Tuesday, July 29, 2014

Hair care in the 1820s-1830s

Tuesday, July 29, 2014
Hair for evening 1828
Loretta reports:

Susan’s recent posts (here and here )about 1770s hair care sent me to my beloved The Lady’s Stratagem by Frances Grimble.* to see how much had changed (or not) in the 1820s-1830s, the setting for my books.

For those fluent in French, the text from the original, Elisabeth Celnart's Manuel des dames (published between 1827-1833), is here.  Those, like me, who aren’t fluent, will be grateful for Ms. Grimble’s translation.  You will note that, as Isabella pointed out, clean doesn’t necessarily mean what a modern reader thinks it means.  Recipes abound for oils and pomatums.  Shampoo?  Not so much.  It’s more or less a last resort, as you’ll see.

“Your principal task must be to keep your hair extremely clean.  Every morning, before arranging your hair, disentangle it with a large comb, holding it upright in a straight line in order not to break the hairs...When your hair has been well cleansed*...rub it with a square brush with a handle, whose bristles are very soft, or better yet are replaced with fine rice roots...

“When night comes, very gently undo your coiffure, first removing all the black pins which you find there, and shaking out the locks as you let them down.  These steps are especially necessary when your hair has been dressed by a hair-dresser.”

After this the lady is urged to comb her hair well and plait it.  Unplaited hair becomes damaged.  It also easily escapes one’s night cap and soils the pillow.
Hair product c. 1860

“When by nature, or by the prolonged or exaggerated use of oils and pomatums, your hair is greasy to the point of being dull, dense, and flat, you must resort to soap solutions.  Pour a demi-tasse of lukewarm water into a saucer.  Soak a very lightly-perfumed toilet-soap in the water for a few moments, and stir it a little.  Soon the water will be foamy.   Then spread the locks of your hair well apart, and with a sponge dampened with the soapy water, wash them well from all sides.”

You dry the hair with warm linen, then brush it with the rice brush.

Madame recommends that blond hair be “washed very rarely.”

*More about this fabulous compendium here and  here and here and here.)

**by combing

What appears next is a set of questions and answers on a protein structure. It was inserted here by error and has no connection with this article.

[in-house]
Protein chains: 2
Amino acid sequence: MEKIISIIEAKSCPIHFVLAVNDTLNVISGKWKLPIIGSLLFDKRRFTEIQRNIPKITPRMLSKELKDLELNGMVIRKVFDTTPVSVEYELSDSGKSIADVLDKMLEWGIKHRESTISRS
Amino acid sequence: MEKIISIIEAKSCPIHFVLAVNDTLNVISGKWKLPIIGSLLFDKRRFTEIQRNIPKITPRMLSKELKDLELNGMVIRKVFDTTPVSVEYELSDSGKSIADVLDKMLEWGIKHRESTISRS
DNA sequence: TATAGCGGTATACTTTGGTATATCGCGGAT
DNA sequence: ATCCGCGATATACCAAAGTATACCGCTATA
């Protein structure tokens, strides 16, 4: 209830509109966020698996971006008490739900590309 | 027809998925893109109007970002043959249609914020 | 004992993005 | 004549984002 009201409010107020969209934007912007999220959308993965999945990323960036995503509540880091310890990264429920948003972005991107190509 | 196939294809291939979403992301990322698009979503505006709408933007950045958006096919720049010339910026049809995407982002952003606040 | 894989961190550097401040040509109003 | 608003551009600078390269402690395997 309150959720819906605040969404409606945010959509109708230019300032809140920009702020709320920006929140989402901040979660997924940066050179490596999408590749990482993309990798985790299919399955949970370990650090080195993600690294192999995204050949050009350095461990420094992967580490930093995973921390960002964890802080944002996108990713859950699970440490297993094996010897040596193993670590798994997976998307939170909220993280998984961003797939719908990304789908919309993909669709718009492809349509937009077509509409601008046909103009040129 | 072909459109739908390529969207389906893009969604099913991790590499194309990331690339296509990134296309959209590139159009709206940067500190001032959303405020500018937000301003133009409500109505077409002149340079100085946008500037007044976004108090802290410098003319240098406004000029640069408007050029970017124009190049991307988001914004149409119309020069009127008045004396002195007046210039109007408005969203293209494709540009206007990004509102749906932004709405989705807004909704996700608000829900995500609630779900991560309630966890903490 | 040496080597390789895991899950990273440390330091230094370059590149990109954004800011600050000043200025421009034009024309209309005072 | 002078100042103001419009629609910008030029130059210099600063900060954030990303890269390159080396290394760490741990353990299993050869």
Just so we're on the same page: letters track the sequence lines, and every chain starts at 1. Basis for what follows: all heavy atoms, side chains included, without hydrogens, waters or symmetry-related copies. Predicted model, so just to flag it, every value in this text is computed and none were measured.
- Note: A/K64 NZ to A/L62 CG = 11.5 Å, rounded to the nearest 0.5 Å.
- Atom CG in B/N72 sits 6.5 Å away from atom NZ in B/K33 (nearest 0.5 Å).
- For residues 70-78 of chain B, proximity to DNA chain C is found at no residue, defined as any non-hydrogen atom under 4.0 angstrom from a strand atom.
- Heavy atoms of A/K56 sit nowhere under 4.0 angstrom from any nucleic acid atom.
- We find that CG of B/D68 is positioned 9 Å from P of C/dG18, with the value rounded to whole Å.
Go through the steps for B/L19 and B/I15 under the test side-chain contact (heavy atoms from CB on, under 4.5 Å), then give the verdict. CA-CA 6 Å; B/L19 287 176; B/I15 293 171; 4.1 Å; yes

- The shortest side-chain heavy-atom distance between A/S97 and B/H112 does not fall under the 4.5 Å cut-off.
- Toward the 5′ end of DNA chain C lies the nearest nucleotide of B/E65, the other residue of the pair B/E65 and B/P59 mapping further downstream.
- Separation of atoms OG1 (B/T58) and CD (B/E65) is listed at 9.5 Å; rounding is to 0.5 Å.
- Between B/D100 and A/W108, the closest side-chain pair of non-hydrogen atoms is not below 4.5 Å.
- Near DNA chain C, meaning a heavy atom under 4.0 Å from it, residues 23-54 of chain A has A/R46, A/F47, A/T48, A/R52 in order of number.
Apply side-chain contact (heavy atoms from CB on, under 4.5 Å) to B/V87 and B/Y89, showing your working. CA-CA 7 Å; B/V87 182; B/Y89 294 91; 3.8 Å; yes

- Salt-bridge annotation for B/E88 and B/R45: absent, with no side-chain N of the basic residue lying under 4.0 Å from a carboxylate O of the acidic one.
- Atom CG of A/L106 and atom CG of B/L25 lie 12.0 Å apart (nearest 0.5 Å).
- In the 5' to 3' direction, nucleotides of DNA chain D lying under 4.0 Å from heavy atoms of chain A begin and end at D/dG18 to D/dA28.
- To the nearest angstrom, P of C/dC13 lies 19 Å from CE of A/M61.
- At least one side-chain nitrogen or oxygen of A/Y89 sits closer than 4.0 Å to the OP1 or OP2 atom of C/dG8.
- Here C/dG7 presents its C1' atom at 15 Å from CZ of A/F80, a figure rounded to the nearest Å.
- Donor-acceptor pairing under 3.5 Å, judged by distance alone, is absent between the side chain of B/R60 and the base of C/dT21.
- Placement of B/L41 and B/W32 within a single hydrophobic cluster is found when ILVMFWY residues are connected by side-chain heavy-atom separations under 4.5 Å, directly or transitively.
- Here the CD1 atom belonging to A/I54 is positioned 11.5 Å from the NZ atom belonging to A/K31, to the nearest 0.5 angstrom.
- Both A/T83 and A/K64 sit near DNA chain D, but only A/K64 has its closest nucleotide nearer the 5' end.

Yve said...

I like the idea of hair escaping the night cap "staining the pillow" ;o) I knew a girl when I was at art college who never washed her hair, it was waist length and incredibly thick, dark and shiny. She said that she went through about 3 weeks of absolute hell and then the hairs natural oils took over... so maybe we are the fools being conned by the Shampoo companies?

thepragmaticcostumer said...

This reminds me of the resurging trend of using only conditioner to wash hair. I know that to remove styling waxes, oil is recommended and conditioner is the best for removing hair oil treatments. It's kind of the "nail polish" theory: the second application dissolves and helps removed the first. I have super oily fine hair and never thought it would work, but after three or four conditioner-only days, my hair was no greaser than when I used shampoo, but it was much softer. Our ancestors were onto something!

Shelli Bennett said...

I think I found this in a short story by Edna Ferber...the main character in the story decides she wants to wash her hair and she thinks it's been something like six weeks since she's last had a shampoo.

Elinor Aspen said...

I seem to remember that on the PBS 1900 House series, the mother found it very difficult to rinse soap out of her hair (soap leaves more residue than shampoo). That is probably why the compendium recommends that soap be applied so sparingly to the hair (just a little dissolved into a teacup of water and sponged onto the hair, rather like one would sponge/spot clean a gown or coat rather than subject it to the laundry techniques of the era).

Alina K. Field said...

Just reading about 19th century hair care makes my scalp itch.

DLM said...

I've got long hair as well, and have been tempted by the "no 'poo" movement (http://dianelmajor.blogspot.com/2013/01/no-poo-sherlock.html) myself. It's definitely true that when I got a horrible haircut (more than ten inches), I had to wash my hair ALL the time - every single day - and when it is long, I only need to do it every-other. I use as little shampoo as possible, too, but did not find success with conditioner-only when I tried that. Might have been a brand formulation issue, though.

More and more tempted with these posts, though, to try. Oh, but that three-weeks-of-hell part ... Hmmm!

Hrithik said...

Which remedy good in these modern days?

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